Flu season is not just affecting humans, dogs are now experiencing a rise in cases of canine influenza.
There have been reports nationwide of a surge in cases this winter that are highly contagious. Experts are urging pet owners to vaccinate their dogs and practice avoidance.
The CDC states that Canine influenza, or dog flu, is a contagious respiratory disease in dogs caused by specific Type A influenza viruses. Currently there are two different influenza A dog flu viruses: one is an H3N8 virus and the other is an H3N2 virus.
“The signs are very similar to a lot of other respiratory diseases in dogs; fever, lethargy flu-like symptoms like in humans Most of these dogs have a pretty severe cough, there’s some dogs that are infected that never really have any clinical signs.”
Testing has evolved rapidly in the past decade and doctors can readily find out what strain a dog is carrying.
“They probably should see their veterinarian, There’s some tests we can do to differentiate because there’s so many other diseases that can cause these symptoms and typically in 24 to 48 hours we can have results back that can tell us if it’s canine influenza or is it one of the other diseases that can cause an upper respiratory infection in dogs.”
Dr. Hunter also advises dog owners to keep their distance and avoid places with high dog populations such as dog parks or kennels.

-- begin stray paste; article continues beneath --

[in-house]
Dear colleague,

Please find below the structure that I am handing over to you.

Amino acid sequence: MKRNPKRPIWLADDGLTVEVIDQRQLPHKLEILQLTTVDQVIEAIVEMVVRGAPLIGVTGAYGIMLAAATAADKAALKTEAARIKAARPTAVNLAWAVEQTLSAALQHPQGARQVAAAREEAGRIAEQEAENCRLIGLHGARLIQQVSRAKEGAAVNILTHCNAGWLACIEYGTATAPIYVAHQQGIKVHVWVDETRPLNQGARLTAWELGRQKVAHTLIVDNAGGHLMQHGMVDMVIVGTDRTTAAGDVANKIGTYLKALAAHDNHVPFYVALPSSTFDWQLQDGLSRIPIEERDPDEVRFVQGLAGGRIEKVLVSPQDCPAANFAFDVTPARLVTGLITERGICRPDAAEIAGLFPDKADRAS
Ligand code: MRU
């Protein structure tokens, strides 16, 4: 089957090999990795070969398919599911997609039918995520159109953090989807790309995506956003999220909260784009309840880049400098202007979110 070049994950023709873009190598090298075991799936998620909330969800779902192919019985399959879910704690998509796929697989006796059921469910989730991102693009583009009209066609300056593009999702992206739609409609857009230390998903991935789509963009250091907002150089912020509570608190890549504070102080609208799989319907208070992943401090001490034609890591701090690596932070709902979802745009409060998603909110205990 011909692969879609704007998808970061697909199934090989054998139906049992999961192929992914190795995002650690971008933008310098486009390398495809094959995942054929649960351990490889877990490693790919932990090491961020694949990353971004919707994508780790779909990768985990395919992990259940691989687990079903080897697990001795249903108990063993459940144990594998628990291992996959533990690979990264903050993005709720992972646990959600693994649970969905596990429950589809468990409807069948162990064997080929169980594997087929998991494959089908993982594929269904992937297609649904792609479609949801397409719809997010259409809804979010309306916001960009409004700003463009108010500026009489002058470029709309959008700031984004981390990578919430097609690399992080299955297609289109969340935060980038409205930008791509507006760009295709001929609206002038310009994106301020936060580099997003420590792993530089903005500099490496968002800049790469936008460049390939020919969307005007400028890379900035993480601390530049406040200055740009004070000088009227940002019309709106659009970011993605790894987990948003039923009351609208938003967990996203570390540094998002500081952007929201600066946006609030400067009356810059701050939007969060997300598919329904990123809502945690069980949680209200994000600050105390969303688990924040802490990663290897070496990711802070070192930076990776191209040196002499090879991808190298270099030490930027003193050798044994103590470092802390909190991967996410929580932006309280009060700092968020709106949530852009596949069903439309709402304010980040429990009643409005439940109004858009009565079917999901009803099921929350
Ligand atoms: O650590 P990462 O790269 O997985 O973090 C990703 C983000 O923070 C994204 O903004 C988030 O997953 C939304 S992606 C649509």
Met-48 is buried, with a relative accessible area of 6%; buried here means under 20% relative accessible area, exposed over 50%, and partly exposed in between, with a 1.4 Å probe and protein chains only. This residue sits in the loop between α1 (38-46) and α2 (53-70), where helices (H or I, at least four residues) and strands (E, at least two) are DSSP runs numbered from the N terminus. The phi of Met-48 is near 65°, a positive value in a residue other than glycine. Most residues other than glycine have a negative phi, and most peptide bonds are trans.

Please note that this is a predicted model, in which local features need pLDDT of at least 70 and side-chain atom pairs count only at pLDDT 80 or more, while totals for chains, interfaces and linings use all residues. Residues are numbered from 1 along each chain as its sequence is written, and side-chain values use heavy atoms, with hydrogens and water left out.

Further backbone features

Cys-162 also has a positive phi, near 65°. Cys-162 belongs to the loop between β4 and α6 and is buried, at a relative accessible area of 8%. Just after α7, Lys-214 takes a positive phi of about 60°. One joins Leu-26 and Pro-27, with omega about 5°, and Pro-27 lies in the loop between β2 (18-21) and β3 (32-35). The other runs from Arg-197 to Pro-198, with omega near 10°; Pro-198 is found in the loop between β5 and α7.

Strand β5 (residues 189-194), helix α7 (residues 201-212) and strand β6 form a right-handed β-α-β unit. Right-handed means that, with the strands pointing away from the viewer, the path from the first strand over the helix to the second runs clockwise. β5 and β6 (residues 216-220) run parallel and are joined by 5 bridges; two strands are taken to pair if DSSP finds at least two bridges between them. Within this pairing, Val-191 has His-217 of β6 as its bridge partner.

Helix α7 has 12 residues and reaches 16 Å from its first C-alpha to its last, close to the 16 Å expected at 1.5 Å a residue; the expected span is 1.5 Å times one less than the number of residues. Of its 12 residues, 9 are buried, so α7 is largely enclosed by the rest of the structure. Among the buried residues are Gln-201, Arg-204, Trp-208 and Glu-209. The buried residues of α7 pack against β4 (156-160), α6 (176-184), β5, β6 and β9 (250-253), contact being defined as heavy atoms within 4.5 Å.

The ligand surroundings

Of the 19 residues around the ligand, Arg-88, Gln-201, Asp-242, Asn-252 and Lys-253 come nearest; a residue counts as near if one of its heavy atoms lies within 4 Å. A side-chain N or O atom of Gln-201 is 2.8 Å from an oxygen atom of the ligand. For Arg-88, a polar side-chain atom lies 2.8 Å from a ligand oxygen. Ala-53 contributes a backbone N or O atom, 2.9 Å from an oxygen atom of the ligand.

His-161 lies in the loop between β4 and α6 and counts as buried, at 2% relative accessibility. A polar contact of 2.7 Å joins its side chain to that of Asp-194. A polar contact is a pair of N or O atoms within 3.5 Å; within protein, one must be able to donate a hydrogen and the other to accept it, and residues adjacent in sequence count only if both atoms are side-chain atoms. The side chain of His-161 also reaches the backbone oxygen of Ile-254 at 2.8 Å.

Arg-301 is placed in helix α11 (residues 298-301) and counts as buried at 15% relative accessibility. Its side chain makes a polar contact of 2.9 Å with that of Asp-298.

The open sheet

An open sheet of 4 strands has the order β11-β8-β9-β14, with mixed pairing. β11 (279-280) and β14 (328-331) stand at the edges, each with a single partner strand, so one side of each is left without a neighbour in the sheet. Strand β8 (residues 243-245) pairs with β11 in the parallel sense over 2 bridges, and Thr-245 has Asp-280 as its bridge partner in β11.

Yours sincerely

“It’s dog to dog so anytime they have close contact with another dog the potential for spread exists, All the droplets from coughing and sneezing and things like that are infective. So, basically, it’s like Covid and everything else. Keep your distance. Doggy day cares are much more popular now. A lot of these dogs are infected at the day cares and boarding facilities.”
Some dogs are more at risk of developing severe symptoms, especially those that are immunocompromised or elderly.
“It can progress to quite severe pneumonia and that would require hospitalization, Antibiotics, oxygen therapy, fluid therapy, most dogs will have a cough that resolves in 10 to 14 days.”
The CDC says that no human infections with canine influenza have ever been reported.
“It has not been found in humans yet, The possibility exists because it’s jumped from other mammals to dogs. It’s gone from the horse to the dog and birds to the dog and then become it’s own novel virus in the dog population.”
If you have any questions or concerns about your dog and this season’s canine flu you should contact your local veterinarian.